The Department of Science and Technology while announcing the new guidelines for geospatial data said, “What is readily available globally does not need to be restricted in India.”
When it comes to mapping, the common man can only relate to services like Google Maps, Apple Maps, etc. But geospatial data is of far more importance. Maps and accurate geospatial data are crucial for national infrastructure projects such as linkages of rivers, creation of industrial corridors and deploying smart power systems.
While Indian startups and companies are eager and capable of providing tools that would help in infrastructure projects, the major roadblock has been in getting access to geospatial data.
“There were significant restrictions on the mapping industry – from creation to dissemination of maps, requiring Indian companies to seek licenses, follow a cumbersome system of pre-approvals and permissions. Compliance with these regulatory restrictions has subjected startups in India to unnecessary red tape, hindering Indian innovation in map technologies for decades,” said the ministry in a press statement.
Explaining the policy change, Sajid Malik of Genesys International said, “To get a 3D map of a particular region which includes street imagery, the company is required to fly an aircraft, get data, process it and build tools based on that data accordingly. The entire process requires approvals at multiple levels from several ministries as per the project. Sometimes it may even take months to get the necessary approvals. The new policy change will simply allow us to work faster.”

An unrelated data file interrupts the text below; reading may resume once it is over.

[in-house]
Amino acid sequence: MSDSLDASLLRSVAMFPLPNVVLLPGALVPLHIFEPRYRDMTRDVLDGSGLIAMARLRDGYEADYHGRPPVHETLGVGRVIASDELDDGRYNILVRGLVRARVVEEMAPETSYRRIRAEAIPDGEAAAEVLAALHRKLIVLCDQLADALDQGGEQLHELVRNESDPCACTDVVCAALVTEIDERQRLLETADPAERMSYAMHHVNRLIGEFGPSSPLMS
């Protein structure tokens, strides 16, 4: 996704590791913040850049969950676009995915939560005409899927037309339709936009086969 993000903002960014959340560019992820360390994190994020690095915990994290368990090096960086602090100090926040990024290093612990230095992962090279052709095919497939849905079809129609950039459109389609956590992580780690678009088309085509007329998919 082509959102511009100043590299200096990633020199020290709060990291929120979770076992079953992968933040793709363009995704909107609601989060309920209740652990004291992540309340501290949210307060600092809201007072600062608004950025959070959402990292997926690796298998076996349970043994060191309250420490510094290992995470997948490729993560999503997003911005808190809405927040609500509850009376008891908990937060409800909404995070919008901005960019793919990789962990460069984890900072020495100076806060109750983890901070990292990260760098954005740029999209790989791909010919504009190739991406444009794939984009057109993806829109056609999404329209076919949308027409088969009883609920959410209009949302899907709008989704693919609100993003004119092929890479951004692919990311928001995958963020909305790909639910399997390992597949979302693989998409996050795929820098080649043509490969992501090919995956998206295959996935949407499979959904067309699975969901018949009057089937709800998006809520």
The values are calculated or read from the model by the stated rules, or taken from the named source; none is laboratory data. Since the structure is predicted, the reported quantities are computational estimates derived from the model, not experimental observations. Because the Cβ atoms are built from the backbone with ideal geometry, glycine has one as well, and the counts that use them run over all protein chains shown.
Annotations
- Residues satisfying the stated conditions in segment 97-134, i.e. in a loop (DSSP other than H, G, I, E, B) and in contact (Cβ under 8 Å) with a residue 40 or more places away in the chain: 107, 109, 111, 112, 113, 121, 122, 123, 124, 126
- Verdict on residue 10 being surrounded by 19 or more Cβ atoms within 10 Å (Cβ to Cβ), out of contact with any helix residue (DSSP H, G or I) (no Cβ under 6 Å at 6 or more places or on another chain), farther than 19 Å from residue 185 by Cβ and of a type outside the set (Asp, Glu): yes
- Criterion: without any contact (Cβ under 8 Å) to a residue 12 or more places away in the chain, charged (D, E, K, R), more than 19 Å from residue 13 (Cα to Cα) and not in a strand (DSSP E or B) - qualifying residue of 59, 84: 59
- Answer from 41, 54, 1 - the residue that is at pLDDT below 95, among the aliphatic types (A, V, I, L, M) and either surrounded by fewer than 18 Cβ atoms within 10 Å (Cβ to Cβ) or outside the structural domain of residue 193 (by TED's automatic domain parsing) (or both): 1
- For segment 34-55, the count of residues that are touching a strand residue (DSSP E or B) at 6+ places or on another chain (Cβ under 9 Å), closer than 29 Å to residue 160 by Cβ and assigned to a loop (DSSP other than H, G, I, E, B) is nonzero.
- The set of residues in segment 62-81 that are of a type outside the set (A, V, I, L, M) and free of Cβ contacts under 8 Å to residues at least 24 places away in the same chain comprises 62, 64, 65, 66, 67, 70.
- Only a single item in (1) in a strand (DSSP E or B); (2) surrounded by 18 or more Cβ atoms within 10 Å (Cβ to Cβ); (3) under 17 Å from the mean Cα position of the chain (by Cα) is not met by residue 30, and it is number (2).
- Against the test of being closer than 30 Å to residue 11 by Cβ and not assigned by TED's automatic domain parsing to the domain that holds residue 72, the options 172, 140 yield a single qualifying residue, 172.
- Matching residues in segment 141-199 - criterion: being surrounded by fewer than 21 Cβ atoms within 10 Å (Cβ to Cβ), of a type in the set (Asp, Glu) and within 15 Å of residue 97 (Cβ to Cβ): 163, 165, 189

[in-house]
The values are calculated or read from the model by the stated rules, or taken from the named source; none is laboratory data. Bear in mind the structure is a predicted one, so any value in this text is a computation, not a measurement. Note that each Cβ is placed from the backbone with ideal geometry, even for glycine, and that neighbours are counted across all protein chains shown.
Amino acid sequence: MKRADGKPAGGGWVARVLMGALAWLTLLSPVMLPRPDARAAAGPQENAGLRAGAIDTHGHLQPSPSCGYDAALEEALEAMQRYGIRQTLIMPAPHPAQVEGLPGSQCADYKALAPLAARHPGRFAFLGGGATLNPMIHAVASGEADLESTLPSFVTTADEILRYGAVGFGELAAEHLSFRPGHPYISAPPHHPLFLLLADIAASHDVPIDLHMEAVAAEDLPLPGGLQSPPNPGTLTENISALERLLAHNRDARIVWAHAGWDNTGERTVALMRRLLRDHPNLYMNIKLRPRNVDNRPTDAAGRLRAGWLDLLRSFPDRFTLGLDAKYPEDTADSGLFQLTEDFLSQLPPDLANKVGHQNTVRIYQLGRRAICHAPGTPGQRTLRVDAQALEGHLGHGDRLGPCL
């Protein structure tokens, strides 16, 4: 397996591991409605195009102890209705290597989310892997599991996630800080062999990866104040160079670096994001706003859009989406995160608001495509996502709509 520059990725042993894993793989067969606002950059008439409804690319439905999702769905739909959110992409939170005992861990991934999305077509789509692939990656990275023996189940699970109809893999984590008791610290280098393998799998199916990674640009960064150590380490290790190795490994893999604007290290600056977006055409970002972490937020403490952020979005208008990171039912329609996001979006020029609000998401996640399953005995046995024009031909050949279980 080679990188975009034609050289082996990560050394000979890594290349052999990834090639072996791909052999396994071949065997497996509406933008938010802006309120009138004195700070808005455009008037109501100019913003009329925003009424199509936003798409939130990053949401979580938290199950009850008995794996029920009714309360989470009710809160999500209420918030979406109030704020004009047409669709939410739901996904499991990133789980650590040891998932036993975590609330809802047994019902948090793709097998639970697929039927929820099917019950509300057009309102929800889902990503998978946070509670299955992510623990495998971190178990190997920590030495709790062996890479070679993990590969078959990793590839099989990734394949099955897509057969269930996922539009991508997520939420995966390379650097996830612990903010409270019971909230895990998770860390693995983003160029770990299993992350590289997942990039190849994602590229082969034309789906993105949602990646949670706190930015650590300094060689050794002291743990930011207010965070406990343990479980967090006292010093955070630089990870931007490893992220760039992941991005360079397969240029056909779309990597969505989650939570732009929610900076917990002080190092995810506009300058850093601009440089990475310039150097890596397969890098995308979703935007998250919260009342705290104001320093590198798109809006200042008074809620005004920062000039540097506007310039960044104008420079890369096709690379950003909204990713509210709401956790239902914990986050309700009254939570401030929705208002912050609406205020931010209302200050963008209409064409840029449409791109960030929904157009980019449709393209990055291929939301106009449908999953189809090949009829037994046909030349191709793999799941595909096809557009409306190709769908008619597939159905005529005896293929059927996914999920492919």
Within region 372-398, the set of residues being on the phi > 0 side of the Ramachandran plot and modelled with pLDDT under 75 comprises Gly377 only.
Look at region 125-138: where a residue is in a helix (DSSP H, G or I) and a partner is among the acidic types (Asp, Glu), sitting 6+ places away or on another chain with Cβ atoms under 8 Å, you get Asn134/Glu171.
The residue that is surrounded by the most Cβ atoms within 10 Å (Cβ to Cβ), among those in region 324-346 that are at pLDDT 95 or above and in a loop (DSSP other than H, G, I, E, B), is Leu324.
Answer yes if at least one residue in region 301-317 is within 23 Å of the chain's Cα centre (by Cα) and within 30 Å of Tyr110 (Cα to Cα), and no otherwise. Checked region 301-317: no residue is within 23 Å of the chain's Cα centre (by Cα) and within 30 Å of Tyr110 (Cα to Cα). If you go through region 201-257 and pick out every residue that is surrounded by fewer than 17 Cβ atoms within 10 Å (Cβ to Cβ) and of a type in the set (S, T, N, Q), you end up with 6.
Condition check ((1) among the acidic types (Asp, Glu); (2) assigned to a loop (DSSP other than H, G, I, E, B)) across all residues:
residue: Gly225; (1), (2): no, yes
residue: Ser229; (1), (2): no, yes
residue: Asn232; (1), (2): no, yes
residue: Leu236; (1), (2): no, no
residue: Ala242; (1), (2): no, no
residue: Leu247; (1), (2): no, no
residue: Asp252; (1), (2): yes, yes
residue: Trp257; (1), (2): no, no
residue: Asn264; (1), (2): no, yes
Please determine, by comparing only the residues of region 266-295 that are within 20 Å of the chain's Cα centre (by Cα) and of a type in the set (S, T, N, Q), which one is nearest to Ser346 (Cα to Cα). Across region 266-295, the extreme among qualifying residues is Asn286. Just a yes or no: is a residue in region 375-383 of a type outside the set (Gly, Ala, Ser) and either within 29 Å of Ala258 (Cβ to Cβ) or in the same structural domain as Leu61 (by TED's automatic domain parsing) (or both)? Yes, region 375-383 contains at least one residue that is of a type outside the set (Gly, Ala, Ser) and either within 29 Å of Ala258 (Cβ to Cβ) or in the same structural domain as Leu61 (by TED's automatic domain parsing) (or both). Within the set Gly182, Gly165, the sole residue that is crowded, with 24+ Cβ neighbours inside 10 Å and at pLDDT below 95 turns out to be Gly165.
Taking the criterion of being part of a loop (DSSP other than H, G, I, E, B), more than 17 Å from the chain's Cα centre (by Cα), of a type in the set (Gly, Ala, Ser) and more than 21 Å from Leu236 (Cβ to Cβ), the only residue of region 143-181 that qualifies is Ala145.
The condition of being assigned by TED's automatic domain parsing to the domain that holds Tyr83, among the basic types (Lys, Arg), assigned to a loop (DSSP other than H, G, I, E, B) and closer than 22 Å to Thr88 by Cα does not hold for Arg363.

“We welcome the path-breaking announcement and commencement of a new era in Indian GeoSpatial data collection and publishing. Having successfully created 360 degree immersive street imagery of all major Indian cities and undertaking several path-breaking projects for the Government of India, we foresee a positive impact on several industries and overall on the economy as well. We believe the policy is balanced as it also clears the way for foreign companies to operate without any ambiguity while empowering Indian companies,” Malik added.
The policy change will also allow local players to develop end users applications to help common citizens in navigation and it also paves the way for the creation of made-in-India Google Maps alternatives.